Principal Leadership: Aligning Vision With Actions
3 principal principles for driving student learning and closing the achievement gap.
By Carol Riley
July 2015, Volume 38, Issue 11
While the phrase, “all students can learn at high levels” has become commonplace, achieving the ideal is rare. Demographic shifts such as an increase in the diversity of students, including English-language learners, students with disabilities, and students from low-income homes poses significant challenges for schools. It is more important than ever for schools and educators to understand diverse groups of students and the communities from which they come. These students need a broad level of support in addition to skill development in reading and math. With a strong vision and belief system, however, principals can make the difference.
Aligning principal leadership skills to student and school community needs requires great self-reflection. Principals who not only understand their own ideals and beliefs, but also can communicate them in terms of the school’s larger message hold the key to success. Elementary principal Christopher Wooleyhand writes in “Putting Your Beliefs Into Action,” “Principals must steadfastly connect actions to their beliefs.” He goes on to assert, “Nothing undermines efforts toward eliminating the achievement gap quicker than half-hearted, weak messages that suggest confusion regarding the nature and seriousness of differences in student achievement.”
Here are three guiding principles that any principal can use to direct their path toward being a catalyst for change in closing achievement gaps.
Principle 1: People, Not Programs
The principal can be the hero for a short time, but that does not sustain progress. It takes more than one person to instill lasting change. In schools where the principal is the lone leader, the vision and mission are unclear and individuals perform without an understanding of where they fit in. Principals are responsible for spearheading teams of adults to function together as a collective voice—regardless of the program or initiative. Effective principals engender continuity and cohesiveness to the school culture, as well as drive unified expectations and direction by empowering all stakeholders, from students to community leaders to parents to teachers.
In The 5 Levels of Leadership: Proven Steps to Maximize Your Potential (2011), leadership expert John Maxwell shares, “One of the burdens of leadership is that as we go, so go the people we lead. Reaching our potential sets an environment for others to reach theirs.” A school’s vision and the actions resulting from that vision begin with the principal and then becomes the catalyst for change.
Principle 2: Random or Plandom
The first step in addressing an achievement gap is acknowledging it and knowing that principal leadership can make a difference. A confident school leader who actualizes a personal vision for all students’ ability to learn can propel the growth trajectory of a school.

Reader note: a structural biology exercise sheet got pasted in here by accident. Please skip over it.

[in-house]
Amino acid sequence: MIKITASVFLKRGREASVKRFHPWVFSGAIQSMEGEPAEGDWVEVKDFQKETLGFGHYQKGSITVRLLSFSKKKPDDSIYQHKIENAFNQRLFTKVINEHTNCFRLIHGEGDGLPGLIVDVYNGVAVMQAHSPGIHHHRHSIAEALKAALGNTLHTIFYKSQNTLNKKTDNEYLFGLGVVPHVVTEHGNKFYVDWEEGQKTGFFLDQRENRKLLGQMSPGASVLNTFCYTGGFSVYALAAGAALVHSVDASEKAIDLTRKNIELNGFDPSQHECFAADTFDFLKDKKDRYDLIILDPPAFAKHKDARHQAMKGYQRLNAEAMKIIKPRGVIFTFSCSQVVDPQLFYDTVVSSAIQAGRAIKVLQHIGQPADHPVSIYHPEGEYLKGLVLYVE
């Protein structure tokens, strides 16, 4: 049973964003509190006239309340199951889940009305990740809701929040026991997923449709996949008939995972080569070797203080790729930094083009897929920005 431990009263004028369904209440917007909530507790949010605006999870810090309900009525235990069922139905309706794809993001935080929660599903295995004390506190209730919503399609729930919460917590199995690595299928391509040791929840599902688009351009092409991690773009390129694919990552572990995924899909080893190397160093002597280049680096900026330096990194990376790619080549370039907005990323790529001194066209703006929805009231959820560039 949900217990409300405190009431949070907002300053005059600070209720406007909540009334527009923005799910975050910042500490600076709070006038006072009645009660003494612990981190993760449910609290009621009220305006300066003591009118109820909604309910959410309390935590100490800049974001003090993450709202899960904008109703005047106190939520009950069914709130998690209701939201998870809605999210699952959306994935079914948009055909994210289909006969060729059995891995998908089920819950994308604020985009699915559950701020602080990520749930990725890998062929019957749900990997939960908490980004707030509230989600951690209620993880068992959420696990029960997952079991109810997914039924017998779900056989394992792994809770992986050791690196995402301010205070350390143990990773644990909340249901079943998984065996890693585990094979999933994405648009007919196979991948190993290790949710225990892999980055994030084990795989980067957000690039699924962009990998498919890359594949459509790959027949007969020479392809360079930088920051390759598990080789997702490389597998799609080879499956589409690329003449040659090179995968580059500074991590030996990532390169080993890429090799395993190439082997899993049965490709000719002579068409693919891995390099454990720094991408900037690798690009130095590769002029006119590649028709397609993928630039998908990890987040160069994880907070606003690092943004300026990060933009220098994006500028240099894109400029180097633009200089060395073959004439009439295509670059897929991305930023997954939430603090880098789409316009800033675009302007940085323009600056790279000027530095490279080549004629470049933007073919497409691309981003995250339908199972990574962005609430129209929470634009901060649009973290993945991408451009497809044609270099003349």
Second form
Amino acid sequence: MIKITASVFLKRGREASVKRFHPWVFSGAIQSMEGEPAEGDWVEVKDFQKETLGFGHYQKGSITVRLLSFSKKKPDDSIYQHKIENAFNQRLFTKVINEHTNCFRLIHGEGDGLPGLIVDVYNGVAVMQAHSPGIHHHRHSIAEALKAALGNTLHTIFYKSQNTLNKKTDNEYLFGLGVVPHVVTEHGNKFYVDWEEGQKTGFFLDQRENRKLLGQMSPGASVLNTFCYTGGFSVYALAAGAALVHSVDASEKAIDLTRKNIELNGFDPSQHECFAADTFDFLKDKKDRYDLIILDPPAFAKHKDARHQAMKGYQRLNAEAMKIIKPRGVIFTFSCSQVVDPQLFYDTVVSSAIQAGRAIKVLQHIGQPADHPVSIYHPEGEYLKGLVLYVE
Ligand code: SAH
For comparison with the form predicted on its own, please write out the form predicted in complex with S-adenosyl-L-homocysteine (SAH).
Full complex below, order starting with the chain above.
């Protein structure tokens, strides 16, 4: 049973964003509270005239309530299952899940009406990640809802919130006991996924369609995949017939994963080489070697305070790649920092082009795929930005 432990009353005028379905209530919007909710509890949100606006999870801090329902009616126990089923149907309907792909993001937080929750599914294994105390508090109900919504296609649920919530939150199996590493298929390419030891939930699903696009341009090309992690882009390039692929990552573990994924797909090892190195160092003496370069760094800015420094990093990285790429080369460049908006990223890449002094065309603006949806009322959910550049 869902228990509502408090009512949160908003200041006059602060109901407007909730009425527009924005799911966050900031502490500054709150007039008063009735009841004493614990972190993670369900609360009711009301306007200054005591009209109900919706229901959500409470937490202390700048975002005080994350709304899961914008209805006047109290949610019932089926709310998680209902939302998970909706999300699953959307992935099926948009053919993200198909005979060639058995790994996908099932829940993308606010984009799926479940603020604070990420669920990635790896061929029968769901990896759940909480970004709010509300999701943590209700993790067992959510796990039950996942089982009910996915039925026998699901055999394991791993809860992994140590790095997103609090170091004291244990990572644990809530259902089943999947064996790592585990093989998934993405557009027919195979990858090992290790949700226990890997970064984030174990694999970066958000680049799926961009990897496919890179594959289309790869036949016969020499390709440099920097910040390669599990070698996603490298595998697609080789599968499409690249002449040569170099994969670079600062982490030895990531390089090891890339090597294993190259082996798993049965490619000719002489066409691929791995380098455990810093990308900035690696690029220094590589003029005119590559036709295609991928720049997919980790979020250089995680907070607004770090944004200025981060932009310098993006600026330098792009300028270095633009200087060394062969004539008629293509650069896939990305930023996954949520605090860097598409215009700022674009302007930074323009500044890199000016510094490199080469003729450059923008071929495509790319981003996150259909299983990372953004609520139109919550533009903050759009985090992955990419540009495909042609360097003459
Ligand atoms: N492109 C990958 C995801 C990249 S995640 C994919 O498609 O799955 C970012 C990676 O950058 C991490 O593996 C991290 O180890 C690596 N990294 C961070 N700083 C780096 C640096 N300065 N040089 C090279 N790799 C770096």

Experienced mentors from NAESP’s National Mentor Training and Certification Program overwhelming report that a frequent mistake that new principals make is failure to anticipate the possible outcomes of their actions. Careful preparation and planning to initiate change is critical. Change does not happen randomly, and a poorly designed or inadequate plan will derail a leader’s best intentions.
Principle 3: Sharpen the Saw
The roles principals must now perform have changed exponentially over the years and will continue to shift. Today’s principals must maintain evidence of their continued competence, the growth of their schools, and the improvement of student achievement. Principals must take ownership of their own careers, including keeping abreast of new research, knowledge, and skills. Principals can develop a personal portfolio of professional activities and their relevance to their current positions as well as to future ambitions.
By “sharpening the saw,” principals can take ownership and be more aware of trends in leadership, ensuring situational awareness of the current environment, cultivating an ability to influence and lead others, and networking with colleagues. That is a personal, 360 degree investment in success.
The work to close the achievement gap is daunting. Building a cohesive team of leaders, intentionally planning actions, and minding personal development are three principle practices that can elevate your school to one that believes that all students can learn and demonstrates that through a collective vision, strong beliefs, and clear vision.
Carol Riley is Associate Executive Director, Professional Learning and Outreach, National Mentor Certification Program
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